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Osteoporosis Guidelines Issued

Bone Health Counseling Begins in Adolescence

August 21, 2012

Washington, DC – An estimated $17 billion is spent each year to treat the roughly 2 million osteoporosis-related bone fractures that occur in the US annually, according to practice guidelines issued today by The American College of Obstetricians and Gynecologists (The College). The College’s updated guidelines address the prevention, screening, diagnosis, and treatment of osteoporosis, as well changes to recommended calcium and vitamin D levels for women.

Osteoporosis is five times more prevalent among women than among men. Women have twice the fracture rate of men, and 80% of hip fractures occur among elderly women, primarily because women outlive men in the US. The College recommends that ob-gyns address bone health with all of their patients, beginning at puberty and adolescence when girls are at their peak bone-building stage. Women should be counseled about lifestyle factors that may affect bone density and fracture risk, including smoking, poor nutrition, excessive weight loss, weight-bearing and muscle-strengthening exercise, and fall prevention measures.

Dual-energy X-ray absorptiometry (DXA) of the lumbar spine and hip is the gold standard for diagnosing osteoporosis, and bone mineral density (BMD) screening should begin at age 65 for all women. Postmenopausal women younger than 65 should only be screened with DXA if they have significant risk factors for osteoporosis and/or bone fracture. As an addition to screening, FRAX, a fracture risk assessment tool, can help to further predict a person’s risk of bone fracture in the next 10 years. It can be used to determine if a patient is at high risk for fracture if her initial scan indicates low bone mass. FRAX is based on risk factors such as age, body mass index, history of fracture, daily alcohol intake, and whether or not a patient smokes, has rheumatoid arthritis, or has any other secondary causes of osteoporosis. In the absence of new risk factors, DXA screening should not be performed more frequently than every two years. FRAX should be used on an annual basis to monitor the effect of age on fracture risk.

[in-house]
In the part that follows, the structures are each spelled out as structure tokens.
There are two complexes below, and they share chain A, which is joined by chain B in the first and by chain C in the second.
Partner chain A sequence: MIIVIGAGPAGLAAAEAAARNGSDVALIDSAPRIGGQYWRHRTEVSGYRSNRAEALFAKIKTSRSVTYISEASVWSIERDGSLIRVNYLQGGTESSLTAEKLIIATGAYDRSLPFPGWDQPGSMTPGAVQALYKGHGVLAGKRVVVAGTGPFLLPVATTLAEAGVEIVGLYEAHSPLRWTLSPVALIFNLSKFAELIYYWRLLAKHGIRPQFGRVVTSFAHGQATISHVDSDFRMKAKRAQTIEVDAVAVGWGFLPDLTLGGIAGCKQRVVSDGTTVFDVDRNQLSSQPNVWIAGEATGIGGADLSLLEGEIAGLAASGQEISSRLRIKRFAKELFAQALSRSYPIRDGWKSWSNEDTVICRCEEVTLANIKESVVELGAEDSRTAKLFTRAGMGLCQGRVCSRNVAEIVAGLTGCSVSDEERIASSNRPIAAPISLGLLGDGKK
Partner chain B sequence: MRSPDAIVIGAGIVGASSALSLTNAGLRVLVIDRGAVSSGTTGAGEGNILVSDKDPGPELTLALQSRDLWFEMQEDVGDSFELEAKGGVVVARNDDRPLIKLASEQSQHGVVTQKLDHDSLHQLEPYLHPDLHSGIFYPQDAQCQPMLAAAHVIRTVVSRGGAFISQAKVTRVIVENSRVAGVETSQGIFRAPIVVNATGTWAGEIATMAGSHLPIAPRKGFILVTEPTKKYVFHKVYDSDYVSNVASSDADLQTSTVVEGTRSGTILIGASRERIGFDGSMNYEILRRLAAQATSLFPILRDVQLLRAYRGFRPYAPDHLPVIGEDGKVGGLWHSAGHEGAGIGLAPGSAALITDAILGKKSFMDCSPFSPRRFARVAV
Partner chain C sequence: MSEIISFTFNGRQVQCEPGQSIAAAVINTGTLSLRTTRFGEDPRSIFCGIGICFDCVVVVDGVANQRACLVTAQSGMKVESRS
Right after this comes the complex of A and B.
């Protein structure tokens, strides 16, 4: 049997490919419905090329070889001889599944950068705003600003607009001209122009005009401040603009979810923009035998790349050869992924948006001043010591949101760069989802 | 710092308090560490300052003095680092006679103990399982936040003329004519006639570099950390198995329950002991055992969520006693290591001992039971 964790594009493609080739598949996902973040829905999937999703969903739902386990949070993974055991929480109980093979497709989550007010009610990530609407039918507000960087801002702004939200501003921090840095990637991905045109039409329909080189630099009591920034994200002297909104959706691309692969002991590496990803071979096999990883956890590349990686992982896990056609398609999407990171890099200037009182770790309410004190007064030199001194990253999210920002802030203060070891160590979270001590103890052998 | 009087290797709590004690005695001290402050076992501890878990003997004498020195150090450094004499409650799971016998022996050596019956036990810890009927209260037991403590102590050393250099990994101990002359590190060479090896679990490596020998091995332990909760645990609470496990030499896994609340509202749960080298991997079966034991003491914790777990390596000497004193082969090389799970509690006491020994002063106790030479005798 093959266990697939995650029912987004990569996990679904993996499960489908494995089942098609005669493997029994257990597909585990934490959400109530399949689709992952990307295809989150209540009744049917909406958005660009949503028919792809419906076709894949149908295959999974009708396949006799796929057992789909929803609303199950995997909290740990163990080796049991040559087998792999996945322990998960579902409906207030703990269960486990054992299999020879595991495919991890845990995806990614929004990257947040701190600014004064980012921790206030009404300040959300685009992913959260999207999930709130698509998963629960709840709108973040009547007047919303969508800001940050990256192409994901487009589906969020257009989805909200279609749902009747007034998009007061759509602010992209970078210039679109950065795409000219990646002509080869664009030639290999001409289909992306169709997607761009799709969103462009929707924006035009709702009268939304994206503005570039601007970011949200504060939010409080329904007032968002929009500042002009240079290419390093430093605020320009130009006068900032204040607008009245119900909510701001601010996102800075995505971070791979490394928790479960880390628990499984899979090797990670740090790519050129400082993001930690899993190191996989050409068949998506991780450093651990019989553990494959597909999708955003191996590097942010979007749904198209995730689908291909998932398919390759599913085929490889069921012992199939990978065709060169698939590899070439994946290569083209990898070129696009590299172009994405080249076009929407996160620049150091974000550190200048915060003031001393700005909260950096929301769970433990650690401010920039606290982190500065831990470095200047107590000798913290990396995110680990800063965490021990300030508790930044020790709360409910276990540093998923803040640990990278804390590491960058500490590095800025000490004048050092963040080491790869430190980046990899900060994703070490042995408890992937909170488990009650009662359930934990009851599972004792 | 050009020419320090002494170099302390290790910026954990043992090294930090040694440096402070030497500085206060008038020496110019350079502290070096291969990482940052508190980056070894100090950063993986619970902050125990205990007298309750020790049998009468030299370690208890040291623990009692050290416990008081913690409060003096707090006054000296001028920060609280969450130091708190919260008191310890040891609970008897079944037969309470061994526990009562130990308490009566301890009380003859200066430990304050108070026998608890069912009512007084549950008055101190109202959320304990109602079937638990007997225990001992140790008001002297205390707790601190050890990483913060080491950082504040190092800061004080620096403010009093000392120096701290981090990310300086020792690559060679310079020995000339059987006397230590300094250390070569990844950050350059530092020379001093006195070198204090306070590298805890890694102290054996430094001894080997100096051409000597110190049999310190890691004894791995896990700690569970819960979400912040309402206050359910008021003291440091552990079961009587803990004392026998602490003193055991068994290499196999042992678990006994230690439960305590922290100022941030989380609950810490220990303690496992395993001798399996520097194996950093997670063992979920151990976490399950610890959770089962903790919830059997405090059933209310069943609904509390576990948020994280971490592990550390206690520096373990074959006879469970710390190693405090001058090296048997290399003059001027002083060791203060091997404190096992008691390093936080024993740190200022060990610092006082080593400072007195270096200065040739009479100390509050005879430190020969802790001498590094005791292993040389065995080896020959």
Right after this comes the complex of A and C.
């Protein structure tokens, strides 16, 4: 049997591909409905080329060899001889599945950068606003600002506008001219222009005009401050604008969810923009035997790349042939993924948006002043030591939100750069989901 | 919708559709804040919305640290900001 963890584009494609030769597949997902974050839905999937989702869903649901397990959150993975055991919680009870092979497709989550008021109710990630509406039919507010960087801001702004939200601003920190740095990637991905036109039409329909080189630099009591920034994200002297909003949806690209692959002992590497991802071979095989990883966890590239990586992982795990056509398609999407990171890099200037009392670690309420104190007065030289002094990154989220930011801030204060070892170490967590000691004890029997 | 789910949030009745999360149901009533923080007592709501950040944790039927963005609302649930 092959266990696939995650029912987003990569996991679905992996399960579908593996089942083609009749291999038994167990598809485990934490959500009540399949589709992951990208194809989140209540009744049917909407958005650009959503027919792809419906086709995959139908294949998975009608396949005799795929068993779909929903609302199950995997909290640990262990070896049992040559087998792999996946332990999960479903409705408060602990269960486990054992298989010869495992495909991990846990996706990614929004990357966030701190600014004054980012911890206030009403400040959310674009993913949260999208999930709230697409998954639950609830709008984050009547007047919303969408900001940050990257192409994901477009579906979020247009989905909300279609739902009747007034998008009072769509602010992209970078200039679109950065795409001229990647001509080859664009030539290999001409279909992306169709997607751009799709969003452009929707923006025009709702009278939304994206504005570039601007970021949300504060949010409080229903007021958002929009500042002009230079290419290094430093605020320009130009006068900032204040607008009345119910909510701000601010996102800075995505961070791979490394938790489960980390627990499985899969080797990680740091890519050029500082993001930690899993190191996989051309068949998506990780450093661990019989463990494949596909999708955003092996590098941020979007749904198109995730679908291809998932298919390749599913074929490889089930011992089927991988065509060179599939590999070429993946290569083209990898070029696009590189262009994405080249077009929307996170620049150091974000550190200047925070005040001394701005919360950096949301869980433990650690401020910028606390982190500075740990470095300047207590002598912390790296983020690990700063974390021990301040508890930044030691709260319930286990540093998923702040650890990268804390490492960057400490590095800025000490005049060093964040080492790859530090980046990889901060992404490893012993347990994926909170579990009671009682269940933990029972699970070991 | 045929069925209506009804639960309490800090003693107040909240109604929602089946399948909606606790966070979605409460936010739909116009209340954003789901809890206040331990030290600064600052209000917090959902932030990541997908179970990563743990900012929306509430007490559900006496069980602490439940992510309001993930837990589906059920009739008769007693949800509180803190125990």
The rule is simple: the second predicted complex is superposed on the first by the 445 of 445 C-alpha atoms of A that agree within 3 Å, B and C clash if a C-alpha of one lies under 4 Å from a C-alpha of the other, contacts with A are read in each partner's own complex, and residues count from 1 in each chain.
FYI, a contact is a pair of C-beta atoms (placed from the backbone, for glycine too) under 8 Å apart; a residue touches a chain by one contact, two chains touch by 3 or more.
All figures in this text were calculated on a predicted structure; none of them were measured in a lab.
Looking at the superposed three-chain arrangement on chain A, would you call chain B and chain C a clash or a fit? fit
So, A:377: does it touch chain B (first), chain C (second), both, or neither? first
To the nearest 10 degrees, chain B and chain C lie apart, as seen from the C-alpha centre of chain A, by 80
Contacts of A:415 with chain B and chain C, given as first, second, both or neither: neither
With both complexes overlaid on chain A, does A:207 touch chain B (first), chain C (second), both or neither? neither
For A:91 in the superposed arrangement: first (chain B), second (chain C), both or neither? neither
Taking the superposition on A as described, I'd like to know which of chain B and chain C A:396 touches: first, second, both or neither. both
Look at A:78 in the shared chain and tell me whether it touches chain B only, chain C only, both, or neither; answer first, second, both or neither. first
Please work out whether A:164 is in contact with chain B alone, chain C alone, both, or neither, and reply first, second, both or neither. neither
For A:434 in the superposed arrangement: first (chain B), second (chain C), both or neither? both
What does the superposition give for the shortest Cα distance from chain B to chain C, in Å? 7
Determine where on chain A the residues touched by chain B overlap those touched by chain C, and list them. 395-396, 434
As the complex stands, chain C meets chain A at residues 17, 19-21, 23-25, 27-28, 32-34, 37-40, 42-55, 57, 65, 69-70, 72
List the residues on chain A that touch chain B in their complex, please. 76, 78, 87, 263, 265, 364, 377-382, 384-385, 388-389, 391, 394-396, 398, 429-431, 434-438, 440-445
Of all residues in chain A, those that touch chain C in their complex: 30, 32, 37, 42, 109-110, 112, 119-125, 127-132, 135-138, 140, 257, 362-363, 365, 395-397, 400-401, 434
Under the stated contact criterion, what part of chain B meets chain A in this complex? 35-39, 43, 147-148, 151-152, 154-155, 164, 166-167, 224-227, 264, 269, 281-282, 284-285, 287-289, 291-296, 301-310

The Institute of Medicine (IOM) recommends 1,300 IU (international units) of daily calcium for girls ages 9–18; 1,000 IU per day for women ages 19–50; and 1,200 IU per day for women over age 50. The IOM recently increased the recommended dietary allowance of vitamin D from 200 to 400 IU to 600 IU per day for most people, and from 600 IU to 800 IU per day after age 70. The College says that, aside from high-risk individuals, routine screening of vitamin D levels is not recommended.

There are many medications for treatment of osteoporosis, including bisphosphonates, partial estrogen agonists and antagonists, denosumab, calcitonin, and parathyroid hormone. The document released today includes an updated list of all FDA-approved drugs for the treatment of osteoporosis. 

Practice Bulletin #129 “Osteoporosis” is published in the September issue of Obstetrics & Gynecology.

The American College of Obstetricians and Gynecologists (The College), a 501(c)(3) organization, is the nation’s leading group of physicians providing health care for women. As a private, voluntary, nonprofit membership organization of approximately 56,000 members, The College strongly advocates for quality health care for women, maintains the highest standards of clinical practice and continuing education of its members, promotes patient education, and increases awareness among its members and the public of the changing issues facing women’s health care. The American Congress of Obstetricians and Gynecologists (ACOG), a 501(c)(6) organization, is its companion organization. www.acog.org

 

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